Figures for late September from Public Health England show that 7% of community tests were positive. That means if 1,000 people were tested with a false positive rate of 0.8%, eight would be false positives, but 70 would be true positives – the vast majority.

But hang on. They’re assuming that PHE’s 7% positive rate doesn’t include any false positives – hence their claim that if you test 1,000 people 70 would be true positives. But given that they’ve accepted there’s a false positive rate of 0.8%, it’s more likely that PHE is counting the false positives alongside the true positives when estimating the current rate of infection. That means that of the 70 people who test positive, eight are false positives, leaving 62 true positives.

Come on, reality checkers. If you’re going to chastise another journalist for not getting her facts right – even though she did – you need to get the facts straight yourself.

Stop Press: There’s an excellent letter in the Lancet by three doctors raising the alarm about false positives. I look forward to the BBC’s reality checkers doing a number on them.

Teeth Deteriorate as Dentists Struggle to Reopen

The lockdown has caused a backlog of 15 million dental appointments, leaving many patients suffering badly. The Sunday Times has more.

Patients may have to wait until next year for dental treatment because 15 million appointments have been delayed by the coronavirus.

With restrictions still in place, some dentists can see only emergency cases and are not doing routine checkups. Many are carrying out only serious procedures on patients whose teeth have deteriorated from problems “stored up” for months during the lockdown.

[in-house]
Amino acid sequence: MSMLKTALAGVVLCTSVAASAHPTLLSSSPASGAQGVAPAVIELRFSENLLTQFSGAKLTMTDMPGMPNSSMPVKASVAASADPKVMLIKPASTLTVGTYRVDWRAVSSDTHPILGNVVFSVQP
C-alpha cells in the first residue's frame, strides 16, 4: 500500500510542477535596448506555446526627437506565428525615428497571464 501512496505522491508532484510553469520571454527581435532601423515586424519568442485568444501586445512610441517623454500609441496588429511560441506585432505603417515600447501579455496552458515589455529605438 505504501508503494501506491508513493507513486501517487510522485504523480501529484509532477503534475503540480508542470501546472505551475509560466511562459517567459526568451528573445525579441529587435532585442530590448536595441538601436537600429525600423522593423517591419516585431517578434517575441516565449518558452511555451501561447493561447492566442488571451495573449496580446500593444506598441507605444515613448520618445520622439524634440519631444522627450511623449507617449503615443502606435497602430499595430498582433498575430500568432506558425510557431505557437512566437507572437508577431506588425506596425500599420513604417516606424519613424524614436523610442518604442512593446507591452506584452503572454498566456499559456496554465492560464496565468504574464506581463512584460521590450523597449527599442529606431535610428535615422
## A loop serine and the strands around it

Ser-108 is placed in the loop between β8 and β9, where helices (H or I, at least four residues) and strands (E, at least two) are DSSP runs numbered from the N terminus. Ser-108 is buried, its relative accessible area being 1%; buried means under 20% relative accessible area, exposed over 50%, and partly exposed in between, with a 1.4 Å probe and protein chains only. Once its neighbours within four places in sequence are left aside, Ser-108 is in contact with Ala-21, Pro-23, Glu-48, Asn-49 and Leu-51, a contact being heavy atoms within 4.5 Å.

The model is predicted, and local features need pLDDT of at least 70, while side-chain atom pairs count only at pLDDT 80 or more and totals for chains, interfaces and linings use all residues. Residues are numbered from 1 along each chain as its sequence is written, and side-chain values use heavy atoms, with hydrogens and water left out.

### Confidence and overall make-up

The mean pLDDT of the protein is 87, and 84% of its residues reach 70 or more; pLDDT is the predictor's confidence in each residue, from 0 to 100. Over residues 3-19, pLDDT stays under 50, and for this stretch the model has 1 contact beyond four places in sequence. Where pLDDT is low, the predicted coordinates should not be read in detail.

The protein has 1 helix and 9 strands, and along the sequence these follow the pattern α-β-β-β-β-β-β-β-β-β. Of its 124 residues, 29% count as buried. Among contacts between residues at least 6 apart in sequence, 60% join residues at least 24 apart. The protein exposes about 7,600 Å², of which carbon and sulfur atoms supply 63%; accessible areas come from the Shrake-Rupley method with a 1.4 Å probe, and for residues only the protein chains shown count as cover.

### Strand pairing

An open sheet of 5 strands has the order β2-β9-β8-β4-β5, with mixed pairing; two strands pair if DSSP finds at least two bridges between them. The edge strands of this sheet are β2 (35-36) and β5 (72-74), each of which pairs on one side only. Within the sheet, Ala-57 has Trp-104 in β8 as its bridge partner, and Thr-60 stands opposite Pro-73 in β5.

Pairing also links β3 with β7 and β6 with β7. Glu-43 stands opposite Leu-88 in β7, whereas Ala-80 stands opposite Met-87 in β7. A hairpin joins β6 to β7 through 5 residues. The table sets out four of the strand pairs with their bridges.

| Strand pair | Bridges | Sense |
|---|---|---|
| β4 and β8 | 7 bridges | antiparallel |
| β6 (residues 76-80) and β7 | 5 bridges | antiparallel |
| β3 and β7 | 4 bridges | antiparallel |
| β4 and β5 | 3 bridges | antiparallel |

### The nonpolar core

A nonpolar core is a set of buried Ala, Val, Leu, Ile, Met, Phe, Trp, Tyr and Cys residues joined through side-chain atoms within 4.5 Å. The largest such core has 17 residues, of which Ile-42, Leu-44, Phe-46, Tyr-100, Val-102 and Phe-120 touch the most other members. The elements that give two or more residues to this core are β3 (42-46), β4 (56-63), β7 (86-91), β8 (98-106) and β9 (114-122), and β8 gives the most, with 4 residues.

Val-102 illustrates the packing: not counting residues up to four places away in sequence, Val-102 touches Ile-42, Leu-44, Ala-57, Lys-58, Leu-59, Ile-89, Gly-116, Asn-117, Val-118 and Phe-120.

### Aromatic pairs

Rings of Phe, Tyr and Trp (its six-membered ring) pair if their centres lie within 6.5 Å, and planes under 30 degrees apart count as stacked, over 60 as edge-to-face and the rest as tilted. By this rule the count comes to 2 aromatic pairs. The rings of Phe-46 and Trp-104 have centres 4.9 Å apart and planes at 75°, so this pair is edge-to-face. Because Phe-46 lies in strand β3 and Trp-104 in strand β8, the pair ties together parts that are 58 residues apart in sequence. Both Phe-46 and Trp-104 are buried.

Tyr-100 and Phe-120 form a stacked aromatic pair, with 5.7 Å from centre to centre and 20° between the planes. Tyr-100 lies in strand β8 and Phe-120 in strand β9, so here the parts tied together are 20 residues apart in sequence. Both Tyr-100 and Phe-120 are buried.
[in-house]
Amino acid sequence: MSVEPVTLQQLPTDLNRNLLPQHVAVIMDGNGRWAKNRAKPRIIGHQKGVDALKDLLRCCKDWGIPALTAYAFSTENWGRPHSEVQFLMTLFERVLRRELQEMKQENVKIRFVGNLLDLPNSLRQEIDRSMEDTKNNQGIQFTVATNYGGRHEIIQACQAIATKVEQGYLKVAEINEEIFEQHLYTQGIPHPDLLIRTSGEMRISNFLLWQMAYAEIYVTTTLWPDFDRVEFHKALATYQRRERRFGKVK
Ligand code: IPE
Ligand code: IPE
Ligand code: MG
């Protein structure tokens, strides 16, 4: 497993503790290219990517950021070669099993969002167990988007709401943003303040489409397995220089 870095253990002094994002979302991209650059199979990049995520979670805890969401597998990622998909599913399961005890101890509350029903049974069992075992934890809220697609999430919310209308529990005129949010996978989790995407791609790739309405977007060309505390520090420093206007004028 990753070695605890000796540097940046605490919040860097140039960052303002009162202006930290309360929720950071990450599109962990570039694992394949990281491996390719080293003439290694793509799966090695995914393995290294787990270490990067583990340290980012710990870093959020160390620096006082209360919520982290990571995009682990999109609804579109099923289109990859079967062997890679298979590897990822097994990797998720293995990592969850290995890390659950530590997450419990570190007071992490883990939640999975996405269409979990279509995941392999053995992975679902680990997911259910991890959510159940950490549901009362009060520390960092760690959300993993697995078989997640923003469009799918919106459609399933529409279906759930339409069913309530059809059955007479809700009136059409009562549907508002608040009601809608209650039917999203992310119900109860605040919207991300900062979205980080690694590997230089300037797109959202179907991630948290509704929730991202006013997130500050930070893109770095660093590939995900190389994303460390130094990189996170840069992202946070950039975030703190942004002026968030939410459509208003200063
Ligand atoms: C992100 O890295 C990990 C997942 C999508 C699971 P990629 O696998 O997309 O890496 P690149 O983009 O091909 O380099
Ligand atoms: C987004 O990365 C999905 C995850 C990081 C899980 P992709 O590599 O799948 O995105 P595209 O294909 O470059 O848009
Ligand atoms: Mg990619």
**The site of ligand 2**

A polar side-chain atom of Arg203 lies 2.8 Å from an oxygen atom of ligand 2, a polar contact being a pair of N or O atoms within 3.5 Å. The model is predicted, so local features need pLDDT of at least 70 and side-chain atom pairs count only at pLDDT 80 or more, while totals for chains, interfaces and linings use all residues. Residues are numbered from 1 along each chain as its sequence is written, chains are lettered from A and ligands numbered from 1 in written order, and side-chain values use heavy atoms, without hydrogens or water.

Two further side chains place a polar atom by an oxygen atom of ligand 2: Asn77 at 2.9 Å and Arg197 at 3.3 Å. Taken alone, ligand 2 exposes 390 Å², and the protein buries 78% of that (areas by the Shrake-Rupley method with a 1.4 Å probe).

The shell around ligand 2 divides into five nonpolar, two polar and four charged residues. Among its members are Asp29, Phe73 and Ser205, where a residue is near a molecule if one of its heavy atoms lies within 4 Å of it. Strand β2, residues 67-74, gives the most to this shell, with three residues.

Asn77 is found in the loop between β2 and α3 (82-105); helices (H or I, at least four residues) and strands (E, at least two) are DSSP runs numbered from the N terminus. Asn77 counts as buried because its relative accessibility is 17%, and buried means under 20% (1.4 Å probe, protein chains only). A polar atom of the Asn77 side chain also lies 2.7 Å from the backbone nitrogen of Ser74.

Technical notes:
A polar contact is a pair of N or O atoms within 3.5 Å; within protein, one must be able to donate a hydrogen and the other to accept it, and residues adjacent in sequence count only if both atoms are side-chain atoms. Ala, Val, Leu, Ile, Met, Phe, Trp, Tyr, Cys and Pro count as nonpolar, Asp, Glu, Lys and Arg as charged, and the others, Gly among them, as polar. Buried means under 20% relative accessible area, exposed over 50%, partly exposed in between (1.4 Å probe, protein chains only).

“I’ve taken more teeth out from the average patient in the past three months than at any point in my career,” said Mark Green, 49, a dentist in Whitby, North Yorkshire, who has been treating patients for 22 years.

“It’s like going back in time. I saw someone the other day in his twenties who needs 12 teeth out. I’ve removed those that are [causing] the most pain and then we’re going to try and get him in again [for another appointment].”

Though surgeries were able to reopen in June, strict infection-control measures imposed by Public Health England (PHE) mean many dentists can see only a few patients a day. Before the pandemic they would see about 30 a day.

Worth reading in full.

Are Some Muslim Deaths Being Falsely Attributed to Coronavirus?

A reader has an interesting theory about why a higher percentage of Muslims have supposedly died of Covid than non-Muslims.

I was speaking with a work colleague who is a Muslim this week and he was telling me about his 85-year-old neighbour who died. His neighbour had congestive heart disease and wasn’t a well man. He caught a cold and thus had to have a COVID-19 test which came back negative. A few weeks later the man died, but the Doctor wanted to perform an autopsy which would take weeks. As per the Muslim faith, his family weren’t happy with this as the burial needs to occur within 24 hours, so the Doctor put COVID-19 on the death certificate so that the man could be buried without his having to do an autopsy even though he had not tested positive.

Now I remember looking back at the COVID-19 deaths by Religious group from the ONS and the COVID-19 deaths for Muslims was significantly higher than any other based on population percentage.

So, could this need for quick burial as required by the Muslim faith, and thus COVID-19 being put down as a cause of death, be an influencing factor into why BAME COVID-19 deaths are considered to be so high?

Sixty-Six GPs Urge Hancock to Do No (More) Harm

We’ve seen a number of anti-lockdown letters signed by doctors and medical professionals, such as this one in the US and this one in Belgium. But as far as I’m aware we haven’t seen one in the UK – until now, that is. Sixty-six GPs have written to Matt Hancock urging him to consider the collateral damage being done by the ongoing restrictions, listing the tens of thousands of non-Covid excess deaths in private homes since March, the spike in cardiovascular deaths, the rise in child suicides and the problems besetting the elderly – depression, anxiety and loneliness. It’s not as forthrightly sceptical as I’d like – the docs say they supported the first lockdown –  but the reasonableness of its tone may end making it more effective. And the message is clear: the harm the restrictions are doing to the public’s health outweighs the harm they are supposedly preventing. full text of the letter below.